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Jack: Secret Circles (Repairman Jack) by F. Paul Wilson
Review by Drew Bittner
Tor Teen Hardcover  ISBN/ITEM#: 9780765318558
Date: 02 February 2010 List Price $15.99 Amazon US / Amazon UK / Show Official Info /

Jack is back in this all-new YA novel by bestselling author F. Paul Wilson. Telling the story of Repairman Jack as a young teen, this novel finds the boy trying to "fix" several problems at once. But, as he learns, there are no easy answers or quick fixes.

More F. Paul Wilson:
Repairman Jack:
Infernal
Harbingers
Bloodline
Ground Zero
Young Jack:
Jack: Secret Histories
Jack: Secret Circles (Repairman Jack)

In Jack: Secret Circles, Wilson picks up the story from the earlier Jack: Secret Histories, wherein Jack and his friends, Weezy and Eddie Connell, got caught up in some strange doings in their quiet hometown of Johnson, NJ. Little Cody Bockman has disappeared while riding his bike, even as a wild-eyed man stumbles out of the Pine Barrens with claims of surviving an attack from a monster.

When Jack and Weezy investigate, they find a stone pyramid in the Barrens with markings similar to the small, ancient pyramid they found (and lost) not long before. This new pyramid, however, seems to have been a cage, as the bones in the muddy bottom indicate. But what was caged there and where is it now?

Jack also learns that the sinister Septimus Order has the pyramid that was stolen from them. Hoping to get close and learn more, Jack figures out a clever way to do exactly that. Meanwhile, a family friend turns out to be hiding some very dark secrets--something that disturbs Jack so much, he decides he has to fix this problem with help from a camcorder and some amateur spywork.

Not everything goes according to plan, leaving Jack and Weezy pursued by a monstrous thing deep underground. It seems that there's a lot of secrets buried under this sleepy little town, and some of them are rising to the surface.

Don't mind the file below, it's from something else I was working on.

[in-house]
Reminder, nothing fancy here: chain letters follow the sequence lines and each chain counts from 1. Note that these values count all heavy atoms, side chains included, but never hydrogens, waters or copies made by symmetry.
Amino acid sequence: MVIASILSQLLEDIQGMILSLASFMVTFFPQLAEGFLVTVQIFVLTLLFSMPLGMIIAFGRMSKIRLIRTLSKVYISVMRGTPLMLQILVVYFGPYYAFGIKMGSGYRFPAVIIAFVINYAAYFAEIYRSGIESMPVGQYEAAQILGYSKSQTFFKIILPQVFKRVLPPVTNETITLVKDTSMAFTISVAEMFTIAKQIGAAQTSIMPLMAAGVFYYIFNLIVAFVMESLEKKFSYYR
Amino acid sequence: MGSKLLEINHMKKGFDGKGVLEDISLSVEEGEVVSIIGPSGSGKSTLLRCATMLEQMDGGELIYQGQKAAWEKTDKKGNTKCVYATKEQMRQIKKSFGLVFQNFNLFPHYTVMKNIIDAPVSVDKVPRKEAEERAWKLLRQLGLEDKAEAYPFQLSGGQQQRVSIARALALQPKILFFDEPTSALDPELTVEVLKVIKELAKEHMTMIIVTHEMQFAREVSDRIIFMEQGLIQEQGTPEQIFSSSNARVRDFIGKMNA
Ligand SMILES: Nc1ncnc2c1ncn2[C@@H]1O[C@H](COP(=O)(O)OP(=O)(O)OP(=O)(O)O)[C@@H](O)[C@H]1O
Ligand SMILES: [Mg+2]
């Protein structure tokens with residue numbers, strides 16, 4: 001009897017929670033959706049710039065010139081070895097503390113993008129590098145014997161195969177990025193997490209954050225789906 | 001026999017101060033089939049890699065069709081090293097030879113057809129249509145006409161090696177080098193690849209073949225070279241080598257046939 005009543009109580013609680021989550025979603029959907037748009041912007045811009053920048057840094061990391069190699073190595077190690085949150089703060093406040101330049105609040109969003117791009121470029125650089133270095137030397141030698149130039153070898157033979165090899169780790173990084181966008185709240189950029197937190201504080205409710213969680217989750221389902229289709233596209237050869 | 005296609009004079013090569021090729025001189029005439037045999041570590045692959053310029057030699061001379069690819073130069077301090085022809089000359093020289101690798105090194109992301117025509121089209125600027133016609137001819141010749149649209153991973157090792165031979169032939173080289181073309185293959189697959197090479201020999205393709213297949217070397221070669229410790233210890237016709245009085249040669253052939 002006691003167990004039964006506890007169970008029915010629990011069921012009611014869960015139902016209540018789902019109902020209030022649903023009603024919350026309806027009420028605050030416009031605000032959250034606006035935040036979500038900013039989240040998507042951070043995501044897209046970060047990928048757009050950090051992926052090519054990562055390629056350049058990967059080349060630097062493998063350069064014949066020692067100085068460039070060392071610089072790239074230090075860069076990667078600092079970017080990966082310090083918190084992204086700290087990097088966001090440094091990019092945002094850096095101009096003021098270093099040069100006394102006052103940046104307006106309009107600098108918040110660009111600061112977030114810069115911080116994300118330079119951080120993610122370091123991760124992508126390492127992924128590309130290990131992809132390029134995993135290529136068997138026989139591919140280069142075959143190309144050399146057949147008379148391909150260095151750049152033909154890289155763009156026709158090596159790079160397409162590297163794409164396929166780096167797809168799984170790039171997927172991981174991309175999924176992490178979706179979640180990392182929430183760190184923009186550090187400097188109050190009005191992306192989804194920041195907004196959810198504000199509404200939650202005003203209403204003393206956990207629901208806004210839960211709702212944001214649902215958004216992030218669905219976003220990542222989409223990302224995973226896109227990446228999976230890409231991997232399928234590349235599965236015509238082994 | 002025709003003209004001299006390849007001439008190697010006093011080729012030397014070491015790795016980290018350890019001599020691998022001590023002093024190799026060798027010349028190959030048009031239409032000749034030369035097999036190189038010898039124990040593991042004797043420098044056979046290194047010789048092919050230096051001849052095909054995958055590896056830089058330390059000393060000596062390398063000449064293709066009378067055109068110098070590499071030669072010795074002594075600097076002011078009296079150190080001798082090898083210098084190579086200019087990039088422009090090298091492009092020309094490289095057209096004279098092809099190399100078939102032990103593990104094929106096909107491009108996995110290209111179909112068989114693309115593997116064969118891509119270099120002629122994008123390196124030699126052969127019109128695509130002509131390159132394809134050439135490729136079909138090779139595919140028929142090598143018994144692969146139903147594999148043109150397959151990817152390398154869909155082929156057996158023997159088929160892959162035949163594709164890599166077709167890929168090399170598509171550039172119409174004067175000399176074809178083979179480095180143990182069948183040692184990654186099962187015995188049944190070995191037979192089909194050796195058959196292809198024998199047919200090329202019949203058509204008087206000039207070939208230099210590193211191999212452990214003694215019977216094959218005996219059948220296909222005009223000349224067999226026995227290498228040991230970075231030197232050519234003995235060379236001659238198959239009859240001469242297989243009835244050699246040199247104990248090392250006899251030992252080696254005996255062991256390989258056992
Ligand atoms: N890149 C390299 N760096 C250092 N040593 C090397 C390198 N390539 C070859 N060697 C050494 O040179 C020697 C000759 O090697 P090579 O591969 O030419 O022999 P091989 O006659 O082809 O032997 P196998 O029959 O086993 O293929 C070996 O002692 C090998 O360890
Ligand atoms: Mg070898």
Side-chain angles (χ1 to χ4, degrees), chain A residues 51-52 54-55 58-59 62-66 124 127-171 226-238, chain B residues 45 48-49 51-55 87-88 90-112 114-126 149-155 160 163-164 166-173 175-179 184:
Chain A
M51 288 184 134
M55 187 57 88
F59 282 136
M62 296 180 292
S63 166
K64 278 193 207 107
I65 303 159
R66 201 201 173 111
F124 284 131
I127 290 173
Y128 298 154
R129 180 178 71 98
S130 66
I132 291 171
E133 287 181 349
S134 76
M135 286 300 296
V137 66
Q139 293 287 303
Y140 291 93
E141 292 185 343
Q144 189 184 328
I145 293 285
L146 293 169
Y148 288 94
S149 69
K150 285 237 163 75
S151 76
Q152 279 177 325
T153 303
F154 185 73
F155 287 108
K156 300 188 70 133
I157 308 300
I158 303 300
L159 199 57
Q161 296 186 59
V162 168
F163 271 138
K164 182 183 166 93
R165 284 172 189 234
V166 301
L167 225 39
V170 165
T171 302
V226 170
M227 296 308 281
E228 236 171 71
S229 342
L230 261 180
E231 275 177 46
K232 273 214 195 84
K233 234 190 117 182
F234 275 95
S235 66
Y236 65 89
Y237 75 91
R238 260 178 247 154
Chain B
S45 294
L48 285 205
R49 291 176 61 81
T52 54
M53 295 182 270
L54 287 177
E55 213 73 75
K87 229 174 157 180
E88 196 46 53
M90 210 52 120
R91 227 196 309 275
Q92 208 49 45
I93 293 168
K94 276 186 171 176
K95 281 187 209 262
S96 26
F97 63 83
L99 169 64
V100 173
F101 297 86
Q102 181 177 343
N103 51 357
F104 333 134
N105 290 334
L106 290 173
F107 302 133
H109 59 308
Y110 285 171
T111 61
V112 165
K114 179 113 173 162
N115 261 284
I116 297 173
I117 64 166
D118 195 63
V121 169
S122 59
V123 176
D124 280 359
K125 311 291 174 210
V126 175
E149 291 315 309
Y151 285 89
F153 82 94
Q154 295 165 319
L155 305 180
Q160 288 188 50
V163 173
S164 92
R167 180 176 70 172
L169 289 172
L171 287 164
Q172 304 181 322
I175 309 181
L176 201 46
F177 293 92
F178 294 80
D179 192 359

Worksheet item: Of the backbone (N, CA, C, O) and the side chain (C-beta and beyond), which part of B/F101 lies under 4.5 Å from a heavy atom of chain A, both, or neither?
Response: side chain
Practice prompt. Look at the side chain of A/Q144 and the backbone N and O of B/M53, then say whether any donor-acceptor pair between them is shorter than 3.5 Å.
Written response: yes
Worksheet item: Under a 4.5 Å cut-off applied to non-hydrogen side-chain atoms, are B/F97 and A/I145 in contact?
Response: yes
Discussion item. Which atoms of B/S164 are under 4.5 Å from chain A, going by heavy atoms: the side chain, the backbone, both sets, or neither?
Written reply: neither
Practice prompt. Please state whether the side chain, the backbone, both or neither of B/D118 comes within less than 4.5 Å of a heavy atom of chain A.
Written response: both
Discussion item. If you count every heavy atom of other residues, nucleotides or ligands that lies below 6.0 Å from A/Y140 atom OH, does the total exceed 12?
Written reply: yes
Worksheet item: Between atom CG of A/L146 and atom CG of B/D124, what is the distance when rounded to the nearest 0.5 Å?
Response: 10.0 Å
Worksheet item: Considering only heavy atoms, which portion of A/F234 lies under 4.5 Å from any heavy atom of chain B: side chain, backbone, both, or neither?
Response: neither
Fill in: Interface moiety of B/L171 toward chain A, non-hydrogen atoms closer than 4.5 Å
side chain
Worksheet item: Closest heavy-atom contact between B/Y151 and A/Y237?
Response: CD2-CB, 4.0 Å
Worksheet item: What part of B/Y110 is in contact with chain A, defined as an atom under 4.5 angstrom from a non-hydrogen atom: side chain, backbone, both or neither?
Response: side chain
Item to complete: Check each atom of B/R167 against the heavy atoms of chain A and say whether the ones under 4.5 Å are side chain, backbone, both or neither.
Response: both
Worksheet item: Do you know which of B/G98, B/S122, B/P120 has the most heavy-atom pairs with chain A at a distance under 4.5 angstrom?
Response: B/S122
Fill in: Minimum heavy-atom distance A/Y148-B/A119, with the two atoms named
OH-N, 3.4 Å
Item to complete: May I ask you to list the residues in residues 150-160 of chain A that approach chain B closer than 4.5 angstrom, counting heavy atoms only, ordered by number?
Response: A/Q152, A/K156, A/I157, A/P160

In this novel, Wilson achieves something singular and special: he shows his hero in an entirely new light, challenged by tough decisions that will help shape him into the champion he is destined to become. While retaining the heady excitement of a classic Hardy Boys story, Wilson goes deeper, confronting Jack with a horrible problem--domestic violence--and showing that there are no easy answers. Even the best intentions can have unexpected and terrible consequences. It's a realization that will inform Jack's choice of career, as well as how he will do his work. It's extremely sophisticated storytelling, beneath the veneer of being an exciting tale for younger readers.

Jack is not alone in his path toward adulthood. We meet the young Weezy Connell (whose adult self has already appeared in the Repairman Jack saga) and see those traits that will shape her into the brilliant but erratic conspiracy theorist she becomes. We also see where Eddie's future choices are well grounded in who he was as a youth.

Finally, we get a good look at Mr. Drexler, who will play a large role in Jack's adult adventures. He's a slippery and elusive character, whose shadow looms over a considerable amount of the story. His role in events as they unwind is fascinating, partly because he is not a stock villain; his motives are somewhat sinister, true, but his part in things is probably not what most readers would expect.

Wilson has created an engaging, fast-paced and yet deeply thought provoking work that builds upon (and builds up) the Repairman Jack mythos. It might seem like a book for younger readers, but Wilson's many fans will want to grab a copy right away.

Strongly recommended.

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